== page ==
Update May 2014: Link Road contractors Hochtief-Taylor Woodrow have been granted a huge increase in permitted hours of working by East Sussex County Council, despite the council insisting that the work is on schedule. More from the Combe Haven Defenders
Update August 2013: In June 2013, East Sussex County Council approved an additional £13 million for the road, bringing the total budget up to £113 million. Campaigners from Roads to Nowhere and the Combe Haven Defenders obtained the updated value for money data from the Department for Transport and calculated that the benefit-cost ratio had fallen clearly into the 'low' category - calling for the road to be cancelled. Press release.
Update December 2012: With funding approval, East Sussex County Council are now pressing on with plans to start construction work on this road. A new campaign group, the Combe Haven Defenders, has been set up to oppose and monitor the damage being done to the valley. Tree felling has already started and campaigners are setting up camp. Follow the Combe Haven Defenders' work on their website here: http://combehavendefenders.wordpress.com/
Update 21 March 2012: Short-circuiting the DfT's review process (there were nearly two weeks left to look at alternatives) the Budget saw the Chancellor announce funding for this disastrous road.
Update 12 March 2012: As the three month review of the BHLR came to a close, Campaign for Better Transport teamed up with other national green groups to write to the Department for Transport urging them to turn down funding for this propopsal.
Update 14 December 2011: The DfT announced that the scheme would not be funded, as the department wanted to explore alternative options during a three month review.
The road that never dies! This road scheme has been hanging around for decades, and certainly belongs to a past era.
One of the most tranquil areas in the South East, Combe Haven Valley, is threatened by the proposed Bexhill-Hastings Link Road (BHLR).
The Hastings Alliance, an alliance of national and local organisations, is campaigning against this road.
Promoted by East Sussex County Council, it would run for 5.6km from the A259 in Bexhill to the B2092 Queensway in Hastings at a cost of more than £15,000 per metre, and would ruin this exceptionally beautiful valley and countryside.
The chosen route passes within metres of the Combe Haven Site of Special Scientific Interest, and the noise and visual intrusion of the road would have a devastating effect on the whole of the Combe Haven Valley.
Why this is a road to nowhere:
- Most trips in the area are local: 80-95% of cars using the current road start and finish their journeys in Bexhill or Hastings. Rather than create a new road for through-traffic that doesn’t exist, cheaper ways to reduce congestion would do more to replace these local trips with walking, cycling and public transport.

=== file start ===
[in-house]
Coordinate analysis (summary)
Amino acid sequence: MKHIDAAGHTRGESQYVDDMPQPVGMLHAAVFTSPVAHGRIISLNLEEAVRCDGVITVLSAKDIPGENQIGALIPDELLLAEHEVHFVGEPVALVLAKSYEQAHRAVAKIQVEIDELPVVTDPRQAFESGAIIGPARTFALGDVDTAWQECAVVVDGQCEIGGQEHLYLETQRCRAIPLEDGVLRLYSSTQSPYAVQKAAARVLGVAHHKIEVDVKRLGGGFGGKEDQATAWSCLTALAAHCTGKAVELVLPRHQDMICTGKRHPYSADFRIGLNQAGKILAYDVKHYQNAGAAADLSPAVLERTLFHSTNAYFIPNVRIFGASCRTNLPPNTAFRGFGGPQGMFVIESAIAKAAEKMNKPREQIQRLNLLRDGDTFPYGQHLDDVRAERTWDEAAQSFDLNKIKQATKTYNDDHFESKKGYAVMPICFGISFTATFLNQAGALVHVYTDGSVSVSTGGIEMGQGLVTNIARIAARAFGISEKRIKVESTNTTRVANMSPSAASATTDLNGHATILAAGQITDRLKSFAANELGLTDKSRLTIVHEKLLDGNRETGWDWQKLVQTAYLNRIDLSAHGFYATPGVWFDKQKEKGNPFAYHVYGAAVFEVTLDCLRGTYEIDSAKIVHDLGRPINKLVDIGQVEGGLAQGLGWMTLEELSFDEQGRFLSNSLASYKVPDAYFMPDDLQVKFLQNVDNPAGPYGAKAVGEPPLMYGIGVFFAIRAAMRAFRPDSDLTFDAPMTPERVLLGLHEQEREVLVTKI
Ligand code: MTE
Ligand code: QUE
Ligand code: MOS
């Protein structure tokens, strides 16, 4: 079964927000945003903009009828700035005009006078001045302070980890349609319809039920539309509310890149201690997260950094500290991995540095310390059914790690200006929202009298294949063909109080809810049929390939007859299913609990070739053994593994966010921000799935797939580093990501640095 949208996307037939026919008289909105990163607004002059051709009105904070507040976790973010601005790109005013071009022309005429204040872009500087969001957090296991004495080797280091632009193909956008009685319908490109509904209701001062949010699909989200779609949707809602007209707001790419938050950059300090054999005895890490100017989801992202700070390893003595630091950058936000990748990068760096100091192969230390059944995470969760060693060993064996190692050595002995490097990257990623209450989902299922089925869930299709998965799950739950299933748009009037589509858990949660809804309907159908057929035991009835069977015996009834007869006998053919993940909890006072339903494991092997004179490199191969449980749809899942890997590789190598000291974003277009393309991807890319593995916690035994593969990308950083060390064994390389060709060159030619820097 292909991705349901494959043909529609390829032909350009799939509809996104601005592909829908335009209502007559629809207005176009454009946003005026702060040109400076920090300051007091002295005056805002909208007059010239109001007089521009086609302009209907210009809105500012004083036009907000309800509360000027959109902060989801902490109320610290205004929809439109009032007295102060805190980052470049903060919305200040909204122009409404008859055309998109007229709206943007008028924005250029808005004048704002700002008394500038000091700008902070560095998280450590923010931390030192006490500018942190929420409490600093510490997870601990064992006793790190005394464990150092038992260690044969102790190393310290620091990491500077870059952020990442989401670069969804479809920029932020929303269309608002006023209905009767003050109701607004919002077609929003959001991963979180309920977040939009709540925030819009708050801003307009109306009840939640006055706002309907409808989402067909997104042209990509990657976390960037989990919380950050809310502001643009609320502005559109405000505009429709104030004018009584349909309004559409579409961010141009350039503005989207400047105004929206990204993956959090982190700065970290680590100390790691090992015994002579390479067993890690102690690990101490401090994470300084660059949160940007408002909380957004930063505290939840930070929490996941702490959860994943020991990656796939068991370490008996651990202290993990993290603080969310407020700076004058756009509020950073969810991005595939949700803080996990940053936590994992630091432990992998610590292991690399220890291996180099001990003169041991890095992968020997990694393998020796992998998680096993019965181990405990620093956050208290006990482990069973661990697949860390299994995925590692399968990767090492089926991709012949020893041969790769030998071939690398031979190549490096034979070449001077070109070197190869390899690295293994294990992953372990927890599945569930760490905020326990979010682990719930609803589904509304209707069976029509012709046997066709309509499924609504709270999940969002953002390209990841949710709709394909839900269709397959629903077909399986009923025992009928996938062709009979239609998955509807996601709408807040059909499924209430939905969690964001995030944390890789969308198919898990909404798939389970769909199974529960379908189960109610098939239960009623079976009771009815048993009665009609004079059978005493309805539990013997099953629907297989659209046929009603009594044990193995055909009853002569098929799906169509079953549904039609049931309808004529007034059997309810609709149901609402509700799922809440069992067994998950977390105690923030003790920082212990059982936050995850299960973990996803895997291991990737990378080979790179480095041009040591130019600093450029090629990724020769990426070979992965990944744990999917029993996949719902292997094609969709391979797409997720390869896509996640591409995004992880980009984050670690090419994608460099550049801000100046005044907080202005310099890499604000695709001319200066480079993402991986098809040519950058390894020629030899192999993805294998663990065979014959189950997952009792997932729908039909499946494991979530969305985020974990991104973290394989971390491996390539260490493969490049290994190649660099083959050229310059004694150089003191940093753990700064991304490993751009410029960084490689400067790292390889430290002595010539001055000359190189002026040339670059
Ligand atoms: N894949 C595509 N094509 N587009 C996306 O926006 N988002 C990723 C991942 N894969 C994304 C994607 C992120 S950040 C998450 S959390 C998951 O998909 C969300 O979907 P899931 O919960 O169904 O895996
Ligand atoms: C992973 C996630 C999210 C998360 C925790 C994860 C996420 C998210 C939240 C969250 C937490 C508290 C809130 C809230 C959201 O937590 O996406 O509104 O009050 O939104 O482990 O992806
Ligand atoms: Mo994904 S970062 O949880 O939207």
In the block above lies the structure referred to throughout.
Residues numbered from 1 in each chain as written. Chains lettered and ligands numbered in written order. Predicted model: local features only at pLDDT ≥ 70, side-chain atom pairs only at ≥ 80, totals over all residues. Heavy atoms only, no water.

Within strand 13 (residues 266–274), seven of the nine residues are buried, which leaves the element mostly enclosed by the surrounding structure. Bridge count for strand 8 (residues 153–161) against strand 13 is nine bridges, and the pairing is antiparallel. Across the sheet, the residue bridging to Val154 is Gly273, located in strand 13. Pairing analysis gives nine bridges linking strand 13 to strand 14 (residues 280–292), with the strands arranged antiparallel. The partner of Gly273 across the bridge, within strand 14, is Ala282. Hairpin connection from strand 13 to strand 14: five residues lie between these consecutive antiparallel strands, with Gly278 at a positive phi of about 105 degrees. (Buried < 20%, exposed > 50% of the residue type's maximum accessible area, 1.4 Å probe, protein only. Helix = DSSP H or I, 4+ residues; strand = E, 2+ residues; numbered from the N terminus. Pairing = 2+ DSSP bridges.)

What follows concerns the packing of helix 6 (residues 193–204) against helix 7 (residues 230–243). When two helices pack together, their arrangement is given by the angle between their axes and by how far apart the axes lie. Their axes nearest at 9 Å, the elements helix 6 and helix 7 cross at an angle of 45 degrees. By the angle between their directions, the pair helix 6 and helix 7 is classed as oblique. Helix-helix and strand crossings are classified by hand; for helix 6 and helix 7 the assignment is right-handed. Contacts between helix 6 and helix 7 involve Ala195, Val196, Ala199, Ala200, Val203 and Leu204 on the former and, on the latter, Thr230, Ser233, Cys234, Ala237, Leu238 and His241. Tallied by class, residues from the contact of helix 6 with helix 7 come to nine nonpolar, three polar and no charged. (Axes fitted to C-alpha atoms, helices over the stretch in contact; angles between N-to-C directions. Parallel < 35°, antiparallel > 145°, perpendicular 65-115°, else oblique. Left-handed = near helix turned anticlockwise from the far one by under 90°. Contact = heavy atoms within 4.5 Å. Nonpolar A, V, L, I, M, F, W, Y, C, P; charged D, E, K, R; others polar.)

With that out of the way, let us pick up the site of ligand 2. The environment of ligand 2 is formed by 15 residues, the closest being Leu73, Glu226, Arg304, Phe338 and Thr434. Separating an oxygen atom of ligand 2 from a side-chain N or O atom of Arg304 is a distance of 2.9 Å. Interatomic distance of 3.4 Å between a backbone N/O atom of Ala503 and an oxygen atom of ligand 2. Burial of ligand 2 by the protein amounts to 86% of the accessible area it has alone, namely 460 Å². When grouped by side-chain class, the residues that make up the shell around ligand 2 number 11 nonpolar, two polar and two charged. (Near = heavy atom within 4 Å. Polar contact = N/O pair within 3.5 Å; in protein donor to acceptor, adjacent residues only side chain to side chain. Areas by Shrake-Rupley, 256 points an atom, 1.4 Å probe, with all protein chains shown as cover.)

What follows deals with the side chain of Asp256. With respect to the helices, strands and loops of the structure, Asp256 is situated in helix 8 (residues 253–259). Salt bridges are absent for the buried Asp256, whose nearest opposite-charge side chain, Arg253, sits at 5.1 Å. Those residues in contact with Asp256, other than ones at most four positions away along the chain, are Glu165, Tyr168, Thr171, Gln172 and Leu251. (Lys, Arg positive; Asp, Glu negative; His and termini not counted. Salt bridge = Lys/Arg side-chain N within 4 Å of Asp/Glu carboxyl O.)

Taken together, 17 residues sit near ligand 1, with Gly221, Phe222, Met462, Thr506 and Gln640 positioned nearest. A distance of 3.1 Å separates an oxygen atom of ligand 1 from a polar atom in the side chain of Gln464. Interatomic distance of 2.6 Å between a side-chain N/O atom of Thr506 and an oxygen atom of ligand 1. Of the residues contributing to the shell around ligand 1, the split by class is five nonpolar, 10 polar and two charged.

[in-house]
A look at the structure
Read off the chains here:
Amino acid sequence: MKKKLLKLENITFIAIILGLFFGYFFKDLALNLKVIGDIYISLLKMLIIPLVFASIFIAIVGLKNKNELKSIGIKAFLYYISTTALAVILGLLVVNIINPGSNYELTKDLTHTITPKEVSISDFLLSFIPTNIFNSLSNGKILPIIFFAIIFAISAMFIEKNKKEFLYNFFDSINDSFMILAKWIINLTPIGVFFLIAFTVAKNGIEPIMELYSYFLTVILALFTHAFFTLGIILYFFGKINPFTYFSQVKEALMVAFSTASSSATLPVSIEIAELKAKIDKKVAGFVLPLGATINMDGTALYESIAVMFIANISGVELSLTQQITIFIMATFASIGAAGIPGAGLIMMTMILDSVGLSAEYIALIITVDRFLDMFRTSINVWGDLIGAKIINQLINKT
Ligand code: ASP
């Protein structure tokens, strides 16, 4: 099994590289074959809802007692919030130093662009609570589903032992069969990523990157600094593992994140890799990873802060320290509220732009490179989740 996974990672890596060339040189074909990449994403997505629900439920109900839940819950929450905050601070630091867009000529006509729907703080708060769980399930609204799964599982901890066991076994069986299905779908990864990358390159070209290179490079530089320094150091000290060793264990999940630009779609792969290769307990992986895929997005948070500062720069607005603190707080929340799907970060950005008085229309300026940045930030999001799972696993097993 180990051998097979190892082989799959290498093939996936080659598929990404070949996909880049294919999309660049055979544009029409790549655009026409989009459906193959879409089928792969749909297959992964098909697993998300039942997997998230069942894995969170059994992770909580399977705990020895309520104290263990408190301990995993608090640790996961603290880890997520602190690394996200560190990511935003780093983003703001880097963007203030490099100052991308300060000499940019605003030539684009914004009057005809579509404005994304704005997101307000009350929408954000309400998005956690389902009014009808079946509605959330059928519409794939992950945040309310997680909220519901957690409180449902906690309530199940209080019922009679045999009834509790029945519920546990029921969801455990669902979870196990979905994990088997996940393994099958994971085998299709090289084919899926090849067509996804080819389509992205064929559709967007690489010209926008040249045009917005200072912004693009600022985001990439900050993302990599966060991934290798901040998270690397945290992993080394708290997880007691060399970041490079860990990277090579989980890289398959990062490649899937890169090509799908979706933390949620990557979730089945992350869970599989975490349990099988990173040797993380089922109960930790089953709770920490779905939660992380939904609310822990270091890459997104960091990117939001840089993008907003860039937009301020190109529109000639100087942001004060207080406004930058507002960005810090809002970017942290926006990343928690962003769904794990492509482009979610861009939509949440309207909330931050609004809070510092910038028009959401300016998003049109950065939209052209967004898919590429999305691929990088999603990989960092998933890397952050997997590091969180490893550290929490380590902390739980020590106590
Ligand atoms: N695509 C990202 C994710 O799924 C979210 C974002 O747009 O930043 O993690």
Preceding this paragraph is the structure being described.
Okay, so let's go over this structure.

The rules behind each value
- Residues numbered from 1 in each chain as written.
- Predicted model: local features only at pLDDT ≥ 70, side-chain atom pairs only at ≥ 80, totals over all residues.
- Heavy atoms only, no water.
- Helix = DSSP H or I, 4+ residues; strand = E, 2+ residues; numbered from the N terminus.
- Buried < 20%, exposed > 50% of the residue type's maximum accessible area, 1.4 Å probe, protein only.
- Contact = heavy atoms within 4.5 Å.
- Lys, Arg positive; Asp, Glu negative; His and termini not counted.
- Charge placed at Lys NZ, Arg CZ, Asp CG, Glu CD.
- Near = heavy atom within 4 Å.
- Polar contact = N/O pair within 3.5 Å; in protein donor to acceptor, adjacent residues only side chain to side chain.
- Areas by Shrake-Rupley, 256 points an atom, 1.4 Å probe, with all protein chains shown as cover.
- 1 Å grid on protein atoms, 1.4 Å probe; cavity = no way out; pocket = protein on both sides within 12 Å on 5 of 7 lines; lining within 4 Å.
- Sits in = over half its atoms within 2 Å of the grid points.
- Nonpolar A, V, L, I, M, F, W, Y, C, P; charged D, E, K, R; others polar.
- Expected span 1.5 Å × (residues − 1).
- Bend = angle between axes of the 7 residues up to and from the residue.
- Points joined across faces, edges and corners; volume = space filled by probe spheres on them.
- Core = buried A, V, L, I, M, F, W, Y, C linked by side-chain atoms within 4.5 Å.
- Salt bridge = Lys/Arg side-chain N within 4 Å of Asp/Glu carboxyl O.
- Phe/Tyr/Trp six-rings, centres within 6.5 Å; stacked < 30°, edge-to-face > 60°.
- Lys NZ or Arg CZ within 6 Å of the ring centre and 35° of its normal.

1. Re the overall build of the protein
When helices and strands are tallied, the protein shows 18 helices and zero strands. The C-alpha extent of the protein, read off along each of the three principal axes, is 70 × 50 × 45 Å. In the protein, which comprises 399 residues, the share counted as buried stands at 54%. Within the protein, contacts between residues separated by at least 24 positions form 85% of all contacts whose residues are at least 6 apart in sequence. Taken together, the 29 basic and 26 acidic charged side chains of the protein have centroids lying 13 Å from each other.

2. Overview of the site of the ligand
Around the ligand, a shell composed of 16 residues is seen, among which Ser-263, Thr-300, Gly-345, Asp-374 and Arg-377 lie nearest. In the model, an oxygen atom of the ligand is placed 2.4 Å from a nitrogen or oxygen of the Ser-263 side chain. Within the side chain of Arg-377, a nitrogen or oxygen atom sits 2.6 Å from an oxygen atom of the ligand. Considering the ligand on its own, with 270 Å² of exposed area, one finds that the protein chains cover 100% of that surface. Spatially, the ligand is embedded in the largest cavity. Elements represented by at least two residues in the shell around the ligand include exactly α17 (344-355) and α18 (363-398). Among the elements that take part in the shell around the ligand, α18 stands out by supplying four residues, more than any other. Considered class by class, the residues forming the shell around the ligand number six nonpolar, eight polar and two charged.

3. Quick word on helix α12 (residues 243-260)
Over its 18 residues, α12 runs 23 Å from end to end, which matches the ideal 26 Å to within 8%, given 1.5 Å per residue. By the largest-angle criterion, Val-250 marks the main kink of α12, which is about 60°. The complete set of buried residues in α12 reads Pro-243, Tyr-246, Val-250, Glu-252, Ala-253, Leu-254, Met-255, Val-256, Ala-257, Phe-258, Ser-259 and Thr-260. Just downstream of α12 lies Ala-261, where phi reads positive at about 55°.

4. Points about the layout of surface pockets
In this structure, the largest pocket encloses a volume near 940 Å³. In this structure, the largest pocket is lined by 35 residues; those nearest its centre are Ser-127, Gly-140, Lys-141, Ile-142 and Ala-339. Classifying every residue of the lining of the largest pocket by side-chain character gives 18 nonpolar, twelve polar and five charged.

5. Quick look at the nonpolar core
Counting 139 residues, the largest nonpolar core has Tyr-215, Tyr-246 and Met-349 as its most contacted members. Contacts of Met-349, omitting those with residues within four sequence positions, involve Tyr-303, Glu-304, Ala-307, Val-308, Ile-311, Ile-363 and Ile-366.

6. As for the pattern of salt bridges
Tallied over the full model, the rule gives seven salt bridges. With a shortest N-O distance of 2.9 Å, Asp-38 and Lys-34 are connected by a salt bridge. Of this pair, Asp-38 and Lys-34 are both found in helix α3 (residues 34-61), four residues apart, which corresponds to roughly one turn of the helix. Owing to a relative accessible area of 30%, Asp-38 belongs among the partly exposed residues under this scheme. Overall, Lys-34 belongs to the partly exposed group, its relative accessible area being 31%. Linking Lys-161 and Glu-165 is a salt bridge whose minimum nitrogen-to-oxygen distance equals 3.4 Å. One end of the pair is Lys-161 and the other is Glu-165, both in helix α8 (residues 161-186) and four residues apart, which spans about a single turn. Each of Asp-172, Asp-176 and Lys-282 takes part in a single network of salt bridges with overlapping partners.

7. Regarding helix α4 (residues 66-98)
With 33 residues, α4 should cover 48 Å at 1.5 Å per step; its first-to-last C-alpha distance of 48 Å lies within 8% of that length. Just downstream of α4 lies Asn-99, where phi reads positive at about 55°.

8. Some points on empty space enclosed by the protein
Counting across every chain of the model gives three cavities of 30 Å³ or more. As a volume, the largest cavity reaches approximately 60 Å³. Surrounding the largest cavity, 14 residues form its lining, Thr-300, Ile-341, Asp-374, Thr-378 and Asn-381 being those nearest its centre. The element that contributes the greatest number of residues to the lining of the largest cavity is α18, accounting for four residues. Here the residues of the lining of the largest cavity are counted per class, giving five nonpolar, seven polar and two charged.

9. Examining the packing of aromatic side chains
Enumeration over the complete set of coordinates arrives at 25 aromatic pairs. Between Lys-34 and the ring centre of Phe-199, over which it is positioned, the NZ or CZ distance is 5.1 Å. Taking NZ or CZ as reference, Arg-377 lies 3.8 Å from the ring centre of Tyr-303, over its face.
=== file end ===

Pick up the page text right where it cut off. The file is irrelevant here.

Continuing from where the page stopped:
- The road will lead to more traffic: The council’s plans show that there will be 14% more traffic in Hastings and Bexhill with the new road than without it.
- Housing developments do not need the road: a government study showed that the Link Road is not essential to open up land for housing and that housing needs could be largely met without it. With no road, new housing is much more likely to be built in places that are well connected to pedestrian, cycle, and expanded bus routes.
- For thousands of students using the new colleges close to Hastings and Ore stations, as well as businesses relocating to the same quarter, the road would be irrelevant: it would also be highly damaging to prospects of much needed investment in bus and rail improvements. Students at the new Bexhill FE college, as well as users of the retail and leisure park, are still waiting for the new rail station at Glyne Gap, delayed for twenty years.
The road will also undermine local train services and town centre businesses, and would divert millions from better ideas such as bus services and a proposed cycle network that would include the seafront between the two towns.
These options have never been seriously considered by the council because they have become fixated on the road scheme.
Independent consultants have suggested that the real issue for regeneration in the area is poor rail access to London. Instead of a £100m major road scheme, the Hastings Alliance has proposed a small access road for the new business park and a new railway station at Glyne Gap (halfway between Bexhill and Hastings) and a new metro-style network of further rail links.
Campaign for Better Transport's view:
Drawing on the views of expert consultants and local campaigners, we submitted detailed objections to the Bexhill-Hastings Link Road proposals.